Death Note (***) is Pandora’s Box by another name

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Director Adam Wingard
Screenplay by Charles Parlapanides, Vlas Parlapanides, Jeremy Slater
Starring Nat Wolff, Lakeith Stanfield, Margaret Qualley, Shea Whigham,
Paul Nakauchi, Jason Liles, Willem Dafoe

Before we go too far in any direction, this film is not great. It’s not a giant disappointment, though. It is just a little one. Anyone who has time to accuse the filmmakers of whitewashing the original material take a long walk. They’ve already done enough in front of the camera in Japan, from where the original manga emanates. There was a time when it would have been called an homage, but everyone has to be offended these days. Grow up and just take this for what it is, a borrowed tale of a borrowed tale of a borrowed tale.

The disappointment for me is only that I’ve seen Wingard do better and not all that long ago. You’re Next is one of my favorite slasher films of recent memory, and the word on The Guest is good enough it makes me wonder why I missed it. He’s been hired to do the upcoming Godzilla vs. Kong film too. Ears perked when this property he was attached to suddenly got placed in limbo. Then they perked again when Netflix picked it up and made it at full budget. One could almost feel the palpable disappointment just waiting for critics to express when the burgeoning monolith released the film in late August.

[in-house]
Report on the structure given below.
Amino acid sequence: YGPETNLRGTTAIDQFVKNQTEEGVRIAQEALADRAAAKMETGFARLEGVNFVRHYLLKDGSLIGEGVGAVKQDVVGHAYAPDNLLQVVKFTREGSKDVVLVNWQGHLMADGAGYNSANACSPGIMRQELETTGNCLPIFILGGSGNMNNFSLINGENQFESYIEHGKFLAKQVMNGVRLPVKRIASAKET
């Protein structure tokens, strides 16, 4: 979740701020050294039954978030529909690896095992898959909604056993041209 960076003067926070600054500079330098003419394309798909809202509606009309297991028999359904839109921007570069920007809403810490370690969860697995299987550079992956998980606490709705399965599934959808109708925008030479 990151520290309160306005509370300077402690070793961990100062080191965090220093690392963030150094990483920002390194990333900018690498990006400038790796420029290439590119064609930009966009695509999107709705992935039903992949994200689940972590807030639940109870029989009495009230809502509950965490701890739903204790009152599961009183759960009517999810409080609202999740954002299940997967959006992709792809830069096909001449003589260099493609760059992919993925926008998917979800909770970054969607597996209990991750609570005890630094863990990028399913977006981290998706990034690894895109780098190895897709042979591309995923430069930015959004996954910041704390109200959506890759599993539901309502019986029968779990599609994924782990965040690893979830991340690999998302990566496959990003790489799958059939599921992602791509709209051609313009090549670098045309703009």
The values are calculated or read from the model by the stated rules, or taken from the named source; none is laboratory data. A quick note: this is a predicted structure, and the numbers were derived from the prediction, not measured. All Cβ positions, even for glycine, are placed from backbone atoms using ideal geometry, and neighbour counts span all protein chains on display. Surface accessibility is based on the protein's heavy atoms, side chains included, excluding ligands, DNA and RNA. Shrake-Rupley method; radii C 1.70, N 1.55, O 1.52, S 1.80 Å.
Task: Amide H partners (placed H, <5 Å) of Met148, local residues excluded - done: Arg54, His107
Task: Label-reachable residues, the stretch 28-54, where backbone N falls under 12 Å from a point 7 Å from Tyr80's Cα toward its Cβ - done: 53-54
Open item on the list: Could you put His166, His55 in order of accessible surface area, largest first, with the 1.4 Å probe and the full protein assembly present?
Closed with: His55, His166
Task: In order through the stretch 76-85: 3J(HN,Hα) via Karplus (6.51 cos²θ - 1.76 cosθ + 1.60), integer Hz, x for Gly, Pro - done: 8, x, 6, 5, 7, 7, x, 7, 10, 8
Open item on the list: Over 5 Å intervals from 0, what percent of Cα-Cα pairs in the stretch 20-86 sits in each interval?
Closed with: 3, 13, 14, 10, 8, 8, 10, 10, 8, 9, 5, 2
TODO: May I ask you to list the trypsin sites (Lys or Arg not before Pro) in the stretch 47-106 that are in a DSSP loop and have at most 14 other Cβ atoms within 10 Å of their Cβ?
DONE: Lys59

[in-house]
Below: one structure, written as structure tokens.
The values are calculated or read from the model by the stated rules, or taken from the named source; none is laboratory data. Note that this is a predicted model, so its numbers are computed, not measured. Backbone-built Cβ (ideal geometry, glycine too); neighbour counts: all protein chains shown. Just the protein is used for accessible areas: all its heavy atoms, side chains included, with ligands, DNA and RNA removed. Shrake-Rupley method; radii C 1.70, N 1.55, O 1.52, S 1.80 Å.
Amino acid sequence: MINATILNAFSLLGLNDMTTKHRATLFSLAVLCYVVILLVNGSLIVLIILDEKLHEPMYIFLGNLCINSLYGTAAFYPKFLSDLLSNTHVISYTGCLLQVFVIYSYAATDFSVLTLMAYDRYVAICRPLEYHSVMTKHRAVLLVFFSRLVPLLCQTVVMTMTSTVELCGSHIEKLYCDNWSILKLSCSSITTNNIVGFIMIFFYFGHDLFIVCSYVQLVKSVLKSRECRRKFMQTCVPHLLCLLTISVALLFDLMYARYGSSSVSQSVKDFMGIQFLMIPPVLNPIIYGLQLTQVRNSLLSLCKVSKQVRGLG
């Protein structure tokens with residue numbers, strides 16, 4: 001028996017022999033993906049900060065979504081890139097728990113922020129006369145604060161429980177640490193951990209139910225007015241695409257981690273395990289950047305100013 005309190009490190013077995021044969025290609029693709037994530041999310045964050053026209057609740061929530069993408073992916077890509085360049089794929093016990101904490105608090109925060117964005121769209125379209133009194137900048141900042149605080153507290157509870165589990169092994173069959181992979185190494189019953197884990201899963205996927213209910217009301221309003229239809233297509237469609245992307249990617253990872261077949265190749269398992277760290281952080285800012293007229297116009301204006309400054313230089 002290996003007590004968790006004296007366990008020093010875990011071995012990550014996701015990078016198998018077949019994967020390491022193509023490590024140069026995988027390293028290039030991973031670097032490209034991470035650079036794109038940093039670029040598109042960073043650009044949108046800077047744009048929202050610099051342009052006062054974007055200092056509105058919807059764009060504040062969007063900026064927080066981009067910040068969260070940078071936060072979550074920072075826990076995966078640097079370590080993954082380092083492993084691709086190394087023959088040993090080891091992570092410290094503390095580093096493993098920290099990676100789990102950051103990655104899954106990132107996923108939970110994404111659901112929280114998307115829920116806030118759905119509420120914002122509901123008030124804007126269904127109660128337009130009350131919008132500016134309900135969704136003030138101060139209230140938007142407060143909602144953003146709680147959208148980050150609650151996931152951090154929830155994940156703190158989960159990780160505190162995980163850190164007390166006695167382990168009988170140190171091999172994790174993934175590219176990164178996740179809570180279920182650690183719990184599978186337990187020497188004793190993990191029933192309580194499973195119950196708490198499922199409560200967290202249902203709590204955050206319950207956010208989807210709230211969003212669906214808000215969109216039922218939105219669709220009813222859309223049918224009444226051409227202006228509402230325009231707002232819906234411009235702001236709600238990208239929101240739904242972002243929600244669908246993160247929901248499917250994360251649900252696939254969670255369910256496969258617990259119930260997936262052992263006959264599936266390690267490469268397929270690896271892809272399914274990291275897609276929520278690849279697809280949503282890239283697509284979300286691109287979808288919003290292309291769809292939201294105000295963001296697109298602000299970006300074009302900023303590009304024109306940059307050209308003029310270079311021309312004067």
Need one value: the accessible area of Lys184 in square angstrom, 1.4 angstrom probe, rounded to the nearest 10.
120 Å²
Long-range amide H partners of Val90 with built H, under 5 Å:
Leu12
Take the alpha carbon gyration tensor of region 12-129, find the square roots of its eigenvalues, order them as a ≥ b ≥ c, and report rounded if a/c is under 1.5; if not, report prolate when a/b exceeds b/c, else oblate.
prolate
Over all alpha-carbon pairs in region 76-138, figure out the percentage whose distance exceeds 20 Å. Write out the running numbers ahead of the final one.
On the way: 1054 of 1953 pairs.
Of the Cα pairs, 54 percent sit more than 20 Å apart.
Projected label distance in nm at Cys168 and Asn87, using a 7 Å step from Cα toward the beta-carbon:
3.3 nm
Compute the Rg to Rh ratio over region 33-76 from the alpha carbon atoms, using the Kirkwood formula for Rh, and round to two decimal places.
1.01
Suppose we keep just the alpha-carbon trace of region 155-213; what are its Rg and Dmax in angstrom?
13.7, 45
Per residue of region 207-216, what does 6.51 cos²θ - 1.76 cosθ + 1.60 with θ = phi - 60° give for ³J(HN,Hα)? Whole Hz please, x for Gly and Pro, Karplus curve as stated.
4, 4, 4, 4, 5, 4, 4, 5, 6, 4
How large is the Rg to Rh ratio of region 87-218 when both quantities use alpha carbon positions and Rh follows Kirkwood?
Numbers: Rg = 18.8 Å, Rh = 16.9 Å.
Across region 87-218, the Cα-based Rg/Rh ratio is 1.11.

The story is quite recognizable to anyone who’s studied anything written before this date. A kid named Light (Wolff) literally has a book called Death Note drop out of the sky in front of him. He picks it up. He reads. It becomes clear through a series of screen flashes what the book wants him to know and what the director wants us to know. Write a name in the book, picture the face that goes with the name and that person dies.

The book comes with a death god, named Ryuk (Dafoe). The purpose of this demon is unclear. It seems like he wants to bust out somehow, but really he just wants the person who has the book to put him to work. He likes the rules, but he likes mischief even more. This mischief is pretty gruesome.

The movie has some good performances, in particular Stanfield as L and Qualley as Mia. Dafoe is right at home as the evil Ryuk. His brand of vitriol feels sinister and is, if anything, underused here.

They could have done better than Wolff for a leading man, but it’s hard to tell if its as much his issue as it is the writing. He’s somewhat annoying, like a more annoying Adam Goldberg, though I am not sure how he got there. Somehow he feels disconnected from the material, like he’s waiting for it to be worthy of him. Maybe its unfair, but I’ve never watched anything he’s been in twice.

If anything, they could have tethered Ryuk much closer to Light, or at least featured their back and forth more prominently. Though they take an original twist introducing the Adam and Eve element to it, in the end it serves as a distraction to what could have been much more interesting material.

I am not real familiar with manga, and there’s nothing here that draws me in. Wingard’s hold on the material seems fleeting here. It’s got nothing of the control he’s exhibited with his early work.

About that early work, I am watching The Guest now. Dan Stevens. Holy crap. Now that’s control.

(*** out of *****)

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Get Out (*****) is a throwback to another era

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Get Out – 2017

Written and Directed by Jordan Peele